Inlinks = 35,171
When looking at the first page of result for inlinks, not logged in:
Inlinks = 56,200
When looking at the tenth page of results for inlinks, not logged in:
Inlinks = 55,288
When looking at the first page of results for pages indexed, logged in:
Inlinks = 187,124
When looking at the tenth page of results for pages indexed, logging in:
Inlinks = 223,242
When looking at the first page of results for inlinks, logged in:
Inlinks = 195,239
When looking at the tenth page of results for inlinks, logged in:
Inlinks = 222,681

Whilst appreciating that search engines can't know everything, they could at least have the decency to reflect this by not giving such specific results...obviously what an academic really want is access to the data itself, but we may as well wish for the moon on a stick.

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Thursday, 11 October 2007

Nielsen's old fashioned newspaper statistics

Nielsen Netratings have just released the latest figures for the top 10 UK print newspapers online. Whilst the Guardian continues to attract the largest number of unique users, most of the other papers are growing faster, and in terms of total minutes on a site the Guardian is in a poor fifth place after The Sun, The Daily Mail, The Telegraph, and The Times.

The sites are being compared because they all fall under the umbrella of 'UK national newspapers', but the wide variety in the time people are spending on the sites indicates significantly different types of user behaviour: The high amount of time spent on The Daily Mail and The Sun may indicate that people are approaching these sites in the same way they do newspapers, seeing them as a whole package; whereas the significantly lower periods of time spent on the more serious newspapers (i.e., The Times, The Telegraph, and The Guardian), would seem to indicate that it is the individual stories that are of interest. Comparisons between the different newspapers are really comparing chalk and cheese. It is also pretty meaningless to purely look at UK figures, sites such as the Guardian have a significant following in the US (whereas the US has plenty of its own right-wing crappy press).

If comparisons are to be made between the newspapers, it would probably be more interesting to compare the results with the print editions' circulation figures. Such figures would truly indicate the Guardian's online success.

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Technorati's most popular blogs: Where are the new and exciting blogs?

The introduction of Techmeme's leaderboard last week engineered a lot of discussion in the blogosphere about the usefulness of such lists, and whether the new list was an improvement on Technorati's long standing top 100 most popular blogs (I even went so far as to ponder a few words myself). Thinking about these lists I decided to investigate how the Technorati popular blogs list has changed over the years, after all, if the blogosphere is a vibrant community with new exciting entrants we should see numerous changes and the emergence of innovative blogs...unfortunately that doesn't seem to be the case (at least amongst the top 25 blogs).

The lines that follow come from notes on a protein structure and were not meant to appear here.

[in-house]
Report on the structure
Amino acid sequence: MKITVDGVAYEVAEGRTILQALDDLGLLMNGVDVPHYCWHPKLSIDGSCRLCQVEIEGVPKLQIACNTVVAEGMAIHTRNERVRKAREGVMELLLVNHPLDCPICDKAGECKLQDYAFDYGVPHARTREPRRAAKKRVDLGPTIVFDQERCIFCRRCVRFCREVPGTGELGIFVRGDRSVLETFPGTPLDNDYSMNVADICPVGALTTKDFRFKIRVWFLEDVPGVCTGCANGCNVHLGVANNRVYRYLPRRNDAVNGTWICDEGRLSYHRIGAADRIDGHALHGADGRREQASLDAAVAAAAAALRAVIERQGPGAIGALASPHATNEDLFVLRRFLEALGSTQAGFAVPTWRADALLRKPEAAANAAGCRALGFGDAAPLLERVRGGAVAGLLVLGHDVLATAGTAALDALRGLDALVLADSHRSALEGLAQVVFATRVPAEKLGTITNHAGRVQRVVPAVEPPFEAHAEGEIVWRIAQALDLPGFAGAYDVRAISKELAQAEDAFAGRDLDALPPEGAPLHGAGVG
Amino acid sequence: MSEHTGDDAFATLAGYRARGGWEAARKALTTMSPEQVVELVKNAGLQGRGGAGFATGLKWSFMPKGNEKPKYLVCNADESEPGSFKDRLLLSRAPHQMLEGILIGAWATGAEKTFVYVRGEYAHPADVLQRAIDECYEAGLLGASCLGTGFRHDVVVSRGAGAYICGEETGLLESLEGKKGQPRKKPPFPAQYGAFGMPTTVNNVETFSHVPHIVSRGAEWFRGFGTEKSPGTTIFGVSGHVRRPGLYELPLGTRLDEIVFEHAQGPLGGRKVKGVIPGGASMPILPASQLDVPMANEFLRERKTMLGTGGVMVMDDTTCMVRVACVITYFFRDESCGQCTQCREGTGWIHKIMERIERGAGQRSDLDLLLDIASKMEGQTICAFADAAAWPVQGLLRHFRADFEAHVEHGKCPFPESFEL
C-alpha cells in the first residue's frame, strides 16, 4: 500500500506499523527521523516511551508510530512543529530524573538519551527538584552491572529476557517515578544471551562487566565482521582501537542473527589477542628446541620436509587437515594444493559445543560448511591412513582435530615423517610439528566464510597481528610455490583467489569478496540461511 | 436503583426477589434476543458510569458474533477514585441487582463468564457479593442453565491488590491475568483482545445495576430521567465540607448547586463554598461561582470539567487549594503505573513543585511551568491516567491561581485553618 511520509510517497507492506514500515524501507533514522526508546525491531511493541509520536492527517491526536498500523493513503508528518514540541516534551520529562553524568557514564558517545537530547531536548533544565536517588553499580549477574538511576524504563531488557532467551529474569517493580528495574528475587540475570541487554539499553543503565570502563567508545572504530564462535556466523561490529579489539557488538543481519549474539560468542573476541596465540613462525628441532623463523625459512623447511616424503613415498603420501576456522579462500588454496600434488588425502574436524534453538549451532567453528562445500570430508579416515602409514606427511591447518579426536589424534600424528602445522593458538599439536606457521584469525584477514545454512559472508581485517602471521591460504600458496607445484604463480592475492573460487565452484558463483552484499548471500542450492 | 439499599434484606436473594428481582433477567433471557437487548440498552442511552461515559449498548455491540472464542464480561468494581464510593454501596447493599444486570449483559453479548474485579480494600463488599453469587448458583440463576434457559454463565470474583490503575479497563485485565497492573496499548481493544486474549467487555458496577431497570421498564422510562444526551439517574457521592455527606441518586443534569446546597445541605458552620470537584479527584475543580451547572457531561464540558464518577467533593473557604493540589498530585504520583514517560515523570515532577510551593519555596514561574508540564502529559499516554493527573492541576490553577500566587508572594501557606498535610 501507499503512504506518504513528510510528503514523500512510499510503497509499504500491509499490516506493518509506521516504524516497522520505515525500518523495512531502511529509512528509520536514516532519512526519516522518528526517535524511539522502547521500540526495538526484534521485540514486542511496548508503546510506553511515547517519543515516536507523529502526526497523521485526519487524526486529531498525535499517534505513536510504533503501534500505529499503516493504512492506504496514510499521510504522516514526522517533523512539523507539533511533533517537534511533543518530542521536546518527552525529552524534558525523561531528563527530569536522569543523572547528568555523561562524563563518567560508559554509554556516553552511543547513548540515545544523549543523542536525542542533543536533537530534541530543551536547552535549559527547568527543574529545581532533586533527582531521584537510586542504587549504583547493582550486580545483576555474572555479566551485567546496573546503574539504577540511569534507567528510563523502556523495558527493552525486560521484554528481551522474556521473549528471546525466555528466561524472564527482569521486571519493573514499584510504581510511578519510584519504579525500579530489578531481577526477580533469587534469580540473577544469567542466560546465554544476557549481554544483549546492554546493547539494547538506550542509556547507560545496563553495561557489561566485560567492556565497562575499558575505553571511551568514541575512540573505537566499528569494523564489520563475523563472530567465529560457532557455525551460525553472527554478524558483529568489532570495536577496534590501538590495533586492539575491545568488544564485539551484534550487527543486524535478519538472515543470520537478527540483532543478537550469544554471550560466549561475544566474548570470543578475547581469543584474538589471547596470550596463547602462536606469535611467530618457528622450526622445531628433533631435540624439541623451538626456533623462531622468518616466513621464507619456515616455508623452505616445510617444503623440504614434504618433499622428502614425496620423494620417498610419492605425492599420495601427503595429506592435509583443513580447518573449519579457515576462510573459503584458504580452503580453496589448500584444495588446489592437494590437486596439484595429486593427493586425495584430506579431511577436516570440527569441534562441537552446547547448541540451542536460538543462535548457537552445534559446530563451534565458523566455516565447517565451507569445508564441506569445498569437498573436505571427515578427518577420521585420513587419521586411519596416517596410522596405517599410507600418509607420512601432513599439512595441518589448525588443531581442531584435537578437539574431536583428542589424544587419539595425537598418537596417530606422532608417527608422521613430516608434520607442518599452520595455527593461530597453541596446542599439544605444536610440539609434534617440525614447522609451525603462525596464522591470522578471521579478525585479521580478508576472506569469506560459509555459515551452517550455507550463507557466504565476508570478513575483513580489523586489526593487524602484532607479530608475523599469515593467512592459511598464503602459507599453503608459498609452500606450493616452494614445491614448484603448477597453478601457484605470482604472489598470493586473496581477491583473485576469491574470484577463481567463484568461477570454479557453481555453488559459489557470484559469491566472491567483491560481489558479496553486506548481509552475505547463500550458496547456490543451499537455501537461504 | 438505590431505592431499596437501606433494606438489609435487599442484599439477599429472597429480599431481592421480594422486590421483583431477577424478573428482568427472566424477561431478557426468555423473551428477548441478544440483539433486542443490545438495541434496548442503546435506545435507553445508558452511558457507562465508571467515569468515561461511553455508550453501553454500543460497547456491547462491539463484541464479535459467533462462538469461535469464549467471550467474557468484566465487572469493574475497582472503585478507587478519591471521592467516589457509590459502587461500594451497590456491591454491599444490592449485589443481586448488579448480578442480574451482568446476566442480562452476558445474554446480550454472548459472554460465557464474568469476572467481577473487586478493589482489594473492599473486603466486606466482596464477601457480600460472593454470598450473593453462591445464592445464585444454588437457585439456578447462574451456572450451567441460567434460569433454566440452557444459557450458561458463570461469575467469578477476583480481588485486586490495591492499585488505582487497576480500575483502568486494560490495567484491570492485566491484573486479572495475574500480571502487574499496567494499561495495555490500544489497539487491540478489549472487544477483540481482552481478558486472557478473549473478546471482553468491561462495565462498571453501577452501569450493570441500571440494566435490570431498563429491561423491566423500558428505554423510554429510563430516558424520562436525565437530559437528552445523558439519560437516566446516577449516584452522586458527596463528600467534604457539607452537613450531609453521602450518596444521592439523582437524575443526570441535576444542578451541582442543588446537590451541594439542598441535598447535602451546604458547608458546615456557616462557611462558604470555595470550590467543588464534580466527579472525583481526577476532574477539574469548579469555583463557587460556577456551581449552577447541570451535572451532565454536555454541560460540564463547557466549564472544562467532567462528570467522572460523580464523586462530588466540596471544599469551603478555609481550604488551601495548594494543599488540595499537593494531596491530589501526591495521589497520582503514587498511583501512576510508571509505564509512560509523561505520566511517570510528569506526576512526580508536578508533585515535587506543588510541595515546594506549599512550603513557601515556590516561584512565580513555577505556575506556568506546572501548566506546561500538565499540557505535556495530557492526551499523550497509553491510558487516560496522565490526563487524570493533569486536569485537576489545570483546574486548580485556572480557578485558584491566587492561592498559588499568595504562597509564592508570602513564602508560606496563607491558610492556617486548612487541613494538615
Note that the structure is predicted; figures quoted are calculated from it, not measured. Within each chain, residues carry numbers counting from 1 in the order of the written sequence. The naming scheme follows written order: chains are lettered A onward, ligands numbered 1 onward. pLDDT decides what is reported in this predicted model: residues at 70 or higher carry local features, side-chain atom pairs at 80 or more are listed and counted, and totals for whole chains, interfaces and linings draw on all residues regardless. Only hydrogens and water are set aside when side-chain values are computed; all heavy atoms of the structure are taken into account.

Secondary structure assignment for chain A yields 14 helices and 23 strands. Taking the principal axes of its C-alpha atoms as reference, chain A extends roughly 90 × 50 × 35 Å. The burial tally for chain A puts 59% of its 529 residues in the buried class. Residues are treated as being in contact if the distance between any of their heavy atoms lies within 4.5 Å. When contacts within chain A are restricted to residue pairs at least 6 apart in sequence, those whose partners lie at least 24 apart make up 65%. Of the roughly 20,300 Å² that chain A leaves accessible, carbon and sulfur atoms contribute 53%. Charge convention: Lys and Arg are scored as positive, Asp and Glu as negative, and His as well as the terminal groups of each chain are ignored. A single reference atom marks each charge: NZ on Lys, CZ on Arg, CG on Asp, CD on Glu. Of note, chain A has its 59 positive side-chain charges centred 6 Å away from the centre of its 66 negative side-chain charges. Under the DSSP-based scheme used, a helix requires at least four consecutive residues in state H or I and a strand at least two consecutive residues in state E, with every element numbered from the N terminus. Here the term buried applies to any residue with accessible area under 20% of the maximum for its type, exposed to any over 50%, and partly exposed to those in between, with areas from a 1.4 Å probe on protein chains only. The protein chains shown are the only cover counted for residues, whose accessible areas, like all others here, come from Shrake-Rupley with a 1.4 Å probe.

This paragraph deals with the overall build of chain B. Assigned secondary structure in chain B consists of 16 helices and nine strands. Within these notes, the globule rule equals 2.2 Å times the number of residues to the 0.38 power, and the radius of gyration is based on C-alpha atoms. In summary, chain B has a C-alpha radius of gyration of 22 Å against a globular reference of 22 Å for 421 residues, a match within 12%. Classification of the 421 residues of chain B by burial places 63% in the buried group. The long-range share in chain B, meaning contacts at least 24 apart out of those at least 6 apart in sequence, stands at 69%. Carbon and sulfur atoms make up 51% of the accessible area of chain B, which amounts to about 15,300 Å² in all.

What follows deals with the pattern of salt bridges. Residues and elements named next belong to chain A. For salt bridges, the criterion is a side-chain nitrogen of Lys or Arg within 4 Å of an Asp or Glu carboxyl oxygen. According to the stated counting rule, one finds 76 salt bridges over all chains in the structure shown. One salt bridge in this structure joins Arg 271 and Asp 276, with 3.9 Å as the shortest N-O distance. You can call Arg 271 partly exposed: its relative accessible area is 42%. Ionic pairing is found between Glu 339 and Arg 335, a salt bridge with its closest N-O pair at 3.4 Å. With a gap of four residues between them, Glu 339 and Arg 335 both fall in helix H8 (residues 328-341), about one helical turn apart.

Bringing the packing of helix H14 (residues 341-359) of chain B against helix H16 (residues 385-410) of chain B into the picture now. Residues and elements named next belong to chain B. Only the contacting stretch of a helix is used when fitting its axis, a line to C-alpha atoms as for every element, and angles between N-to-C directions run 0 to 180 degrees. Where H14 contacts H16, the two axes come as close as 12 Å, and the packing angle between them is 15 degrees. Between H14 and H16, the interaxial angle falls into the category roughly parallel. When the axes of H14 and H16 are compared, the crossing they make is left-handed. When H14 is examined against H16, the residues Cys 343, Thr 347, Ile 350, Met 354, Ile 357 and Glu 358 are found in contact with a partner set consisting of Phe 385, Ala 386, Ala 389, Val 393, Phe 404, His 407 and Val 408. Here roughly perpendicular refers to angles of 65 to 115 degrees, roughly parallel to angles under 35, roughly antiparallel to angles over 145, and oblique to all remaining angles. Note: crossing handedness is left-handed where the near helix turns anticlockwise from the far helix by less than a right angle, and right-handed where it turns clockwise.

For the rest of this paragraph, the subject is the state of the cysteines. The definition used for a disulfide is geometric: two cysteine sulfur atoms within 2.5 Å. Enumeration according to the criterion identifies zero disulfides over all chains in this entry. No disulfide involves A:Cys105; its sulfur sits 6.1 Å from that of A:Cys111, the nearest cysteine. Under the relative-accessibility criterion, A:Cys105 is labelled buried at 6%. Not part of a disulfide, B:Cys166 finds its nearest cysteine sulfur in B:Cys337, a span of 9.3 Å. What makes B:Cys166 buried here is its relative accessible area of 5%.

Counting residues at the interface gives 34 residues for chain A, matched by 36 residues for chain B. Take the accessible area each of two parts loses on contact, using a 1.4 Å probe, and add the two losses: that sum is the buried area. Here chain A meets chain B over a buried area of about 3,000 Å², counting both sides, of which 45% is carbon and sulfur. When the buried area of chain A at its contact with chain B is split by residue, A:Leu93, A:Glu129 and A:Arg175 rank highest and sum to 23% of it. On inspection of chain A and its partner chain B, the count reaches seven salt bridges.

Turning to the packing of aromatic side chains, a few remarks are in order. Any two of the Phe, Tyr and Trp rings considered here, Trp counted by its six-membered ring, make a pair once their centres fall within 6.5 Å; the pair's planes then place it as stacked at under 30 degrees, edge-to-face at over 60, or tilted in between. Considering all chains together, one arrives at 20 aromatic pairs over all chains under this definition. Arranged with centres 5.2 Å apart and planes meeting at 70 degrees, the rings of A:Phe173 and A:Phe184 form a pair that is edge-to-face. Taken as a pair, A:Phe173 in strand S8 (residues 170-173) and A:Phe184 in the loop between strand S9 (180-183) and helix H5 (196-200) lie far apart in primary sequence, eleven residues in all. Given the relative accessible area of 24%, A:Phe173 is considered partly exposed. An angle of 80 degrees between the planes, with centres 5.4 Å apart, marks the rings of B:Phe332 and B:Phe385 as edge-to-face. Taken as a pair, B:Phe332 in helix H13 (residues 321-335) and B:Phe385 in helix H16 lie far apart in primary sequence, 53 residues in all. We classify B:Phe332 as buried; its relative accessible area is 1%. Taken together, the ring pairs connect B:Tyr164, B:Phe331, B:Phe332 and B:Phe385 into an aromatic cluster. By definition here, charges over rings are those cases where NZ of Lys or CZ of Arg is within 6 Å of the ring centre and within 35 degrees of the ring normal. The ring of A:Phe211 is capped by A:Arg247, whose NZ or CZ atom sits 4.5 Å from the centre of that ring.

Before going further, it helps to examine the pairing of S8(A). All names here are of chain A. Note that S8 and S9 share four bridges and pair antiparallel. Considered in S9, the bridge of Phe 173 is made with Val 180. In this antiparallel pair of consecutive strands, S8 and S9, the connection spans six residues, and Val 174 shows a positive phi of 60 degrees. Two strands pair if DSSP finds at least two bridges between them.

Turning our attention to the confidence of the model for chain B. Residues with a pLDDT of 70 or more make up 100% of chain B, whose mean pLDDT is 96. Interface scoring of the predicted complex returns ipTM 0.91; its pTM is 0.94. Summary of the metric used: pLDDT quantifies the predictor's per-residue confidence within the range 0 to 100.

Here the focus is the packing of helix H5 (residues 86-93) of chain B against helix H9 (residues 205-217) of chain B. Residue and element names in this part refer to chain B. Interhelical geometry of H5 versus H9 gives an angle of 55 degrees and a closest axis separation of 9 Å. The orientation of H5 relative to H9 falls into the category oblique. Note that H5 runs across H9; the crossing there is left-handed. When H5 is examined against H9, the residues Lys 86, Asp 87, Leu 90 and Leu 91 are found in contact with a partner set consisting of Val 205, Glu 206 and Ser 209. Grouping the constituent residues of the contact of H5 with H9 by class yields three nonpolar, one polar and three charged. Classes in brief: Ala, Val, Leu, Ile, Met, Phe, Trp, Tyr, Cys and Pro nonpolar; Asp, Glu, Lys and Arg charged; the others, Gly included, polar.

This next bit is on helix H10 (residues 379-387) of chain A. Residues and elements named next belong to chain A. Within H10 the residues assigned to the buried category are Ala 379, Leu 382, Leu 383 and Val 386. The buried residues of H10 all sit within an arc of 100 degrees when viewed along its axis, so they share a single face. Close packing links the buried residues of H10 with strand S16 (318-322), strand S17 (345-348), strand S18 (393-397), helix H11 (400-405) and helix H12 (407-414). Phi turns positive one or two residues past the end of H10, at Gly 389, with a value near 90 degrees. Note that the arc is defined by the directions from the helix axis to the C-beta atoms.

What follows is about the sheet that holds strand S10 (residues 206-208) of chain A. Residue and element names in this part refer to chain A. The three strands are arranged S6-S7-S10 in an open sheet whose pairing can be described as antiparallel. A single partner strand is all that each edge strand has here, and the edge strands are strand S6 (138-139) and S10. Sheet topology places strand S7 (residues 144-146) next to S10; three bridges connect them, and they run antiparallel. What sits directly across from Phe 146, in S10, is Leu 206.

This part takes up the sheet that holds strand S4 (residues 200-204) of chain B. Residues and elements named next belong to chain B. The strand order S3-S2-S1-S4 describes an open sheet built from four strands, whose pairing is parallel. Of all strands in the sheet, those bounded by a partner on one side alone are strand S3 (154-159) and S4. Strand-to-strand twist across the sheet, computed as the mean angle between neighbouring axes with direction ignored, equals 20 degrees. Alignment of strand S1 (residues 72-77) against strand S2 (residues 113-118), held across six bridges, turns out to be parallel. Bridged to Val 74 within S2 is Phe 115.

Looking at the current top 25 blogs finds 13 of them already established in the top 100 of 28th December 2005, and of the other 12 all but three were in existence before 2006. The three 'relatively' new entrants are:
...and of these only icanhascheezburger (which is without doubt the most pointless of the three) was established this year.

There could be a number of reasons for the lack of new entrants:
1)The blogosphere is dead (or at least dying), with few new and exciting entrants.
2)Blogs rarely emerge quickly, but rather take time to become established.
3)The lists are driving the traffic as much as they are reflecting the traffic.

Personally I don't think the blogosphere is dead just yet, but with the traffic being driven heavily by the relatively few 'top blog' lists a perception may be given that it is a place where only long-serving bloggers get any traffic and potential new bloggers won't be tempted to join the debate. To encourage growth and participation, maybe Technorati should include a chart of fast climbing blogs.

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Facebook Nose-dive: Please let it be true

Over at GigaOm some statistics have been put up that show a fall in Facebook's traffic, both in absolute user numbers and in the number of pages viewed. If it is indeed true, and I fear it may be more to do with the calculating of the figures, I would be very pleased indeed. I liked Facebook, but quickly got bored of it, and it would be nice if the fact its really 'not all that' was reflected in some sort of numbers. One of the things I hate about the web is the way surfers go crazy about the latest big thing.

OK, so the figures are not showing a 'nose-dive', and there may be a reasonable explanation for the dip in users, but more than anything it is a reminder to the blogosphere that there is a world beyond Facebook (and the other big current topic-the iPhone) and that we should really be keeping the iPhone and Facebook stories within reasonable limits. When Google bought Jaiku many bloggers felt it was necessary to explain what Jaiku was, surely if the blogosphere had been doing its job then the users would have already known what Jaiku was; unfortunately the blogosphere had been banging on about Twitter for months instead.